In her recent op-ed in the Des Moines Register, Susan Heathcote noted that additional grazing activity on Iowa grasslands might help make keeping sensitive land planted in grass more economically competitive with row crop production.
One interesting project to explore this idea is already underway at the Whiterock Conservancy in west-central Iowa. In the Leopold Center for Sustainable Agriculture‘s video report (below), Tolif Hunt, Whiterock’s executive director, and ecologist Elizabeth Hill discuss their work:
The goal of the Whiterock project is to help cattle producers match their grazing practices with the availability of nutrients on a native grassland, which varies by season and other factors.
The most recent issue of the Leopold Letter (see article, p. 7), explains the idea behind this project:
“In the Midwest, vast grasslands developed with the help of fires and grazing by buffalo and elk. Today, the few remaining protected or restored grasslands in Iowa often lack the disturbances that once kept them healthy. Managed properly, cattle can help return beneficial disturbance to the landscape.”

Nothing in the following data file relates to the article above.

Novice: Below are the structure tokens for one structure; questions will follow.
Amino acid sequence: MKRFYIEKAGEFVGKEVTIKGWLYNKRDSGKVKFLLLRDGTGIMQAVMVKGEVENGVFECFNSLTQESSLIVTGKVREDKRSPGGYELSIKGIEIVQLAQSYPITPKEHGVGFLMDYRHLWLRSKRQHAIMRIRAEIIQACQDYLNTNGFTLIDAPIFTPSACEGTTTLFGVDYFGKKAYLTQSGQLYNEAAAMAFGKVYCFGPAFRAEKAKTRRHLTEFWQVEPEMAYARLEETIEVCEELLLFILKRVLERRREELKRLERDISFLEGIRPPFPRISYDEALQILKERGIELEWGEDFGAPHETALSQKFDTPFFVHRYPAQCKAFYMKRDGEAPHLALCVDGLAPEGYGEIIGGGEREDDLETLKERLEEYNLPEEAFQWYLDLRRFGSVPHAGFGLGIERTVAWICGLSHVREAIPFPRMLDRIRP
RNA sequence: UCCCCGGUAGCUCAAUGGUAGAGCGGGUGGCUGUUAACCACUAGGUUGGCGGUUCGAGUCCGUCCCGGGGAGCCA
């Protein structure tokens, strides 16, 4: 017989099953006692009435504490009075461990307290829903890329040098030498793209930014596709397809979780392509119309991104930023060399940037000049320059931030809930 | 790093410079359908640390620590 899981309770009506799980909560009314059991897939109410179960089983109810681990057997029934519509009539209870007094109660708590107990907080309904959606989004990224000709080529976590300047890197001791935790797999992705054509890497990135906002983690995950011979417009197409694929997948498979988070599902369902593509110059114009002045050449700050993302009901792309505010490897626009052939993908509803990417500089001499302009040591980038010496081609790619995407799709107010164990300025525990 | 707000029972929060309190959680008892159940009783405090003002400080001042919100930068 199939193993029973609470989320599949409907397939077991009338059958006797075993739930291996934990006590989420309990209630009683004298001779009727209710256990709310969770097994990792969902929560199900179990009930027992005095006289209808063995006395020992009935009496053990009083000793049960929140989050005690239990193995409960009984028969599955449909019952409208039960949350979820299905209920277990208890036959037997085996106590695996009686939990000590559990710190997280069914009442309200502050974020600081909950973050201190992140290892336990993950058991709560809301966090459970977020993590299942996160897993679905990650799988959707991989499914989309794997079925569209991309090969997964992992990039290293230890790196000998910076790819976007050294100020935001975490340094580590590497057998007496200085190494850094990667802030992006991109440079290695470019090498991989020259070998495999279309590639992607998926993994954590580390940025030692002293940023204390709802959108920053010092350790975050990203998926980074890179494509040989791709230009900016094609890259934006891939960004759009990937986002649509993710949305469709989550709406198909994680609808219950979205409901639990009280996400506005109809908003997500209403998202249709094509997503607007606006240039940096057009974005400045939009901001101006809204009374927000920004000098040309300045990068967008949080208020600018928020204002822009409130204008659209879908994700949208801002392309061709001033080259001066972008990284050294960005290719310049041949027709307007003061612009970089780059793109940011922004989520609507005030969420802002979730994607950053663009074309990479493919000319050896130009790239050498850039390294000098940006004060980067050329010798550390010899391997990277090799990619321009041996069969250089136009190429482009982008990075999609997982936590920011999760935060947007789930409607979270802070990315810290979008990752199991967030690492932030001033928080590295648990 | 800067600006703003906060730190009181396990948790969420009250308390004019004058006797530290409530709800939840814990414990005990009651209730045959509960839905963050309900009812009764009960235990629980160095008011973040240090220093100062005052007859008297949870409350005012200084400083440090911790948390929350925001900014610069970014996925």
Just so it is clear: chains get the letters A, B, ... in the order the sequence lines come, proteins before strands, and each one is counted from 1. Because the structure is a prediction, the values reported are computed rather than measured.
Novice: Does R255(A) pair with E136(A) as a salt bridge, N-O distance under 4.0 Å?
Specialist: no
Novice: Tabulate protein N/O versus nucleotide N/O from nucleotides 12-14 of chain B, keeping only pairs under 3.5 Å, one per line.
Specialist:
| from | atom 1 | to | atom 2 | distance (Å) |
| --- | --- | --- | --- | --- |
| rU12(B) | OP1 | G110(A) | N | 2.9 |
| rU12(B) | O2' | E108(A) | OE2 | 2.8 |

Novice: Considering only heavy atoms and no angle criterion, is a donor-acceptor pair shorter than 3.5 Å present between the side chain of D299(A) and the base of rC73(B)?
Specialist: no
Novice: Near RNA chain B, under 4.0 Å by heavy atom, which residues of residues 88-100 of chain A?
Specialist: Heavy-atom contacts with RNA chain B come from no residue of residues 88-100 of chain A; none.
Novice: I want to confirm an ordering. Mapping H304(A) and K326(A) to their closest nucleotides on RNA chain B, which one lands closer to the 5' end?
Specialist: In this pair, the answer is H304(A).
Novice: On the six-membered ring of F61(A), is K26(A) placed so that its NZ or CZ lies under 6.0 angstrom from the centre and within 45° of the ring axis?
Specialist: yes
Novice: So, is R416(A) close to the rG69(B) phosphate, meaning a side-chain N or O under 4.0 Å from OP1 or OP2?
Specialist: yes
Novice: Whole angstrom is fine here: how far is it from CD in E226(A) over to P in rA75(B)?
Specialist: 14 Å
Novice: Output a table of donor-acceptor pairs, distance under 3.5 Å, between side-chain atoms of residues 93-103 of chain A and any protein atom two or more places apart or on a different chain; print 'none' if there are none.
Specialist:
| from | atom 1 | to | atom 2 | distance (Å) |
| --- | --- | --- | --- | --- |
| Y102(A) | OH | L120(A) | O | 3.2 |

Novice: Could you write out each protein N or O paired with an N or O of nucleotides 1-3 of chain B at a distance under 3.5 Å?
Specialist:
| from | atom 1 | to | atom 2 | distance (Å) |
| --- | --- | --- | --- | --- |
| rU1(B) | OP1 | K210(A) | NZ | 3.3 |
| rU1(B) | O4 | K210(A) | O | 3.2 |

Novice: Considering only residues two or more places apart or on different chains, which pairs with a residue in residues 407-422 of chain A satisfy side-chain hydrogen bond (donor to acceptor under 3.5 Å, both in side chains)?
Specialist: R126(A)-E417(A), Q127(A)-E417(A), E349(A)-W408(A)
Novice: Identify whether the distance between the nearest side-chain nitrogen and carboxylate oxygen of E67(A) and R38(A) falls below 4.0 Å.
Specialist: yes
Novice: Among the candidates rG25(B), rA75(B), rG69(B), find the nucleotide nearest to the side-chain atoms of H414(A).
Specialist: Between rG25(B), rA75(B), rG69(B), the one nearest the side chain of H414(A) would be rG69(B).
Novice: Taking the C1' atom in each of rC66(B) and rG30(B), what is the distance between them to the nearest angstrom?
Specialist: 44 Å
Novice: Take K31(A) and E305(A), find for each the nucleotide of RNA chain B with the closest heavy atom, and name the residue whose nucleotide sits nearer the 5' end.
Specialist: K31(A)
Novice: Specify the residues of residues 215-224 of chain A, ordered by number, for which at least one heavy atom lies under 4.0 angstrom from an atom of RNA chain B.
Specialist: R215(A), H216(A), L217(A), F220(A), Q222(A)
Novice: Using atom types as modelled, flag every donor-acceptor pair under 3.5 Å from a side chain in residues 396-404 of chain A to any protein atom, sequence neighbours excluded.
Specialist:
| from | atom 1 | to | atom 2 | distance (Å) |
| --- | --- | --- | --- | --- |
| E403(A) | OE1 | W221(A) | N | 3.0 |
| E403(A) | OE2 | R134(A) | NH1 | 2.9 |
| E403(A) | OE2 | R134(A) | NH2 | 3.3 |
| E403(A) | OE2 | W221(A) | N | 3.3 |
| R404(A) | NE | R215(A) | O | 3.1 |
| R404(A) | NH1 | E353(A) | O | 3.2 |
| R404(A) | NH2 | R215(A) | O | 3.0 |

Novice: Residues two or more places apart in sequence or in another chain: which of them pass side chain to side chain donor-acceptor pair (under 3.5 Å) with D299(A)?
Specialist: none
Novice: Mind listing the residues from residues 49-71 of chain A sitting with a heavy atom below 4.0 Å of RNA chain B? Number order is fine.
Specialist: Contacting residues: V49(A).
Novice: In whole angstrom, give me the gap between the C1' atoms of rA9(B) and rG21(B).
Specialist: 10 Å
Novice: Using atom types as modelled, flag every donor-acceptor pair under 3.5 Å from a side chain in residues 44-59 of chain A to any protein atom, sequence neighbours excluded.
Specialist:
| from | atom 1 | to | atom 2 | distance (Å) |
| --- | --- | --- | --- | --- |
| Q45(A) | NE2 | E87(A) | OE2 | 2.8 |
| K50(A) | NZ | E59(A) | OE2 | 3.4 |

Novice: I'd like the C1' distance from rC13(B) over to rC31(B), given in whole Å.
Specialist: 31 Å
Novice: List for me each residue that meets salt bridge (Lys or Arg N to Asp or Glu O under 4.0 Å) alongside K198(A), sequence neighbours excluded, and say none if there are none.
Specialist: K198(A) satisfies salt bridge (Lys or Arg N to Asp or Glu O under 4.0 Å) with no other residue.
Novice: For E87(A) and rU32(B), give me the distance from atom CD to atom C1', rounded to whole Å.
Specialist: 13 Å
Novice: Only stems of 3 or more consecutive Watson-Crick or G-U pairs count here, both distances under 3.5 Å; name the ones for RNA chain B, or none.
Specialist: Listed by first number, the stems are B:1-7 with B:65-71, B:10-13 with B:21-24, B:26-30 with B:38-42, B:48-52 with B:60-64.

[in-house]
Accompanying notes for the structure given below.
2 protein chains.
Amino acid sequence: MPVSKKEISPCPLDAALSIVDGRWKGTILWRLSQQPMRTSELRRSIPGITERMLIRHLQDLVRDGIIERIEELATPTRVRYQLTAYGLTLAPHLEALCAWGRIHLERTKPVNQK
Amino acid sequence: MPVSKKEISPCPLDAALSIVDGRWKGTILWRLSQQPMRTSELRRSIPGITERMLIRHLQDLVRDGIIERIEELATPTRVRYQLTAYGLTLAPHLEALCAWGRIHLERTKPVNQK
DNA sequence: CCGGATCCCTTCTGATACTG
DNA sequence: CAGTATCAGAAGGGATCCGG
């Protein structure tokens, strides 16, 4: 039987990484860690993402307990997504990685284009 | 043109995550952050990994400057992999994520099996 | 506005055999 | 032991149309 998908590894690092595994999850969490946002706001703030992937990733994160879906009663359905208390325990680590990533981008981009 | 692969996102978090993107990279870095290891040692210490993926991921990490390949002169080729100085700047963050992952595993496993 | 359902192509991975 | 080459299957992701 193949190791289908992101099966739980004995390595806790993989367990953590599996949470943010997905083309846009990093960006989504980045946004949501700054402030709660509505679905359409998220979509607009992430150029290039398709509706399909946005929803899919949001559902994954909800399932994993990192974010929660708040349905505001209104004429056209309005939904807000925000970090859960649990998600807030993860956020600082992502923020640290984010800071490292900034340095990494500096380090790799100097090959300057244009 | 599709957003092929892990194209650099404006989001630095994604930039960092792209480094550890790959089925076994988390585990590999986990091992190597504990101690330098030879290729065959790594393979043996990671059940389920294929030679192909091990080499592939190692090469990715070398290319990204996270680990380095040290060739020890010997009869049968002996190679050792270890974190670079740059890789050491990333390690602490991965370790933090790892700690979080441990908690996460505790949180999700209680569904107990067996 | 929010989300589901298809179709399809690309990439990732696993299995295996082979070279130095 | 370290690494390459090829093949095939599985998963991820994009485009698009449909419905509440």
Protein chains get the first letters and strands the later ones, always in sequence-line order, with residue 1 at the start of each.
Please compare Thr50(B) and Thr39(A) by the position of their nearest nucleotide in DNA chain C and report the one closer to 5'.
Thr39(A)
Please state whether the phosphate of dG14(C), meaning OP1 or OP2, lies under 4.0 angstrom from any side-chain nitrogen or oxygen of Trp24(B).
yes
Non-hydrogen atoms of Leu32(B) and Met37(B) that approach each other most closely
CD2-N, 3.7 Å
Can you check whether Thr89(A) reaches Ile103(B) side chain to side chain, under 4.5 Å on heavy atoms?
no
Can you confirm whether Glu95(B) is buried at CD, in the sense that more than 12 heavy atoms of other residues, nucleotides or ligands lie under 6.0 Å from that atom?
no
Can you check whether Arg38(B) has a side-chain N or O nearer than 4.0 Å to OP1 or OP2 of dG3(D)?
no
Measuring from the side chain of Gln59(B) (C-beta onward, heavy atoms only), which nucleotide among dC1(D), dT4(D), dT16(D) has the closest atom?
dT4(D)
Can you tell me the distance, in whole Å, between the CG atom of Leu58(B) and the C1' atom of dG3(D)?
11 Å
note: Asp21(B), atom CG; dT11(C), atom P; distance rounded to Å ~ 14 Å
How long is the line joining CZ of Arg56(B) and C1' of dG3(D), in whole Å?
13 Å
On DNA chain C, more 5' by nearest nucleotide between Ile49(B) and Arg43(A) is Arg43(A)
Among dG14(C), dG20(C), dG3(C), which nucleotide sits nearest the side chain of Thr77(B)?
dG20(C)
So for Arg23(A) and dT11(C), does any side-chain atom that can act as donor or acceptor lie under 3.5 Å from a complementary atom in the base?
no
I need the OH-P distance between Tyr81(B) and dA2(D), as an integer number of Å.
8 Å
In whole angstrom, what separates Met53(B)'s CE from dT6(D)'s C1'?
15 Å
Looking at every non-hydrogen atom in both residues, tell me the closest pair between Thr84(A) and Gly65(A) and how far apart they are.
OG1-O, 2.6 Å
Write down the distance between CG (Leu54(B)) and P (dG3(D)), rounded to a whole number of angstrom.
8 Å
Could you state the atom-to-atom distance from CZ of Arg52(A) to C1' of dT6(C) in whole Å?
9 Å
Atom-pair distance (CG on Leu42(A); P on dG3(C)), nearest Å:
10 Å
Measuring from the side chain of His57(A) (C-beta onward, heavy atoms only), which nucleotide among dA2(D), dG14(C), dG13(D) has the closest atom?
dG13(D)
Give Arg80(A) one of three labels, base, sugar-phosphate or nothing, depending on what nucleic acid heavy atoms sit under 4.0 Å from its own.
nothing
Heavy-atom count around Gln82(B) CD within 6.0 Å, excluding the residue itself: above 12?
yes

As Tolif Hunt told the Leopold Center’s Melissa Lamberton, the project is a collaborative effort where government agencies work with conservation advocates and cattle producers to achieve benefits for the landscape.
“We’re collectively looking at grasslands as an endangered resource that we all have a stake in,” Hunt said.
To learn more about this project, visit the Whiterock Conservancy’s project website, or check out the Winter 2011 Leopold Letter. Whiterock Conservancy is an organizational member of the Iowa Environmental Council. The Leopold Center for Sustainable Agriculture is helping to support Whiterock’s work through a grant from its ecology initiative.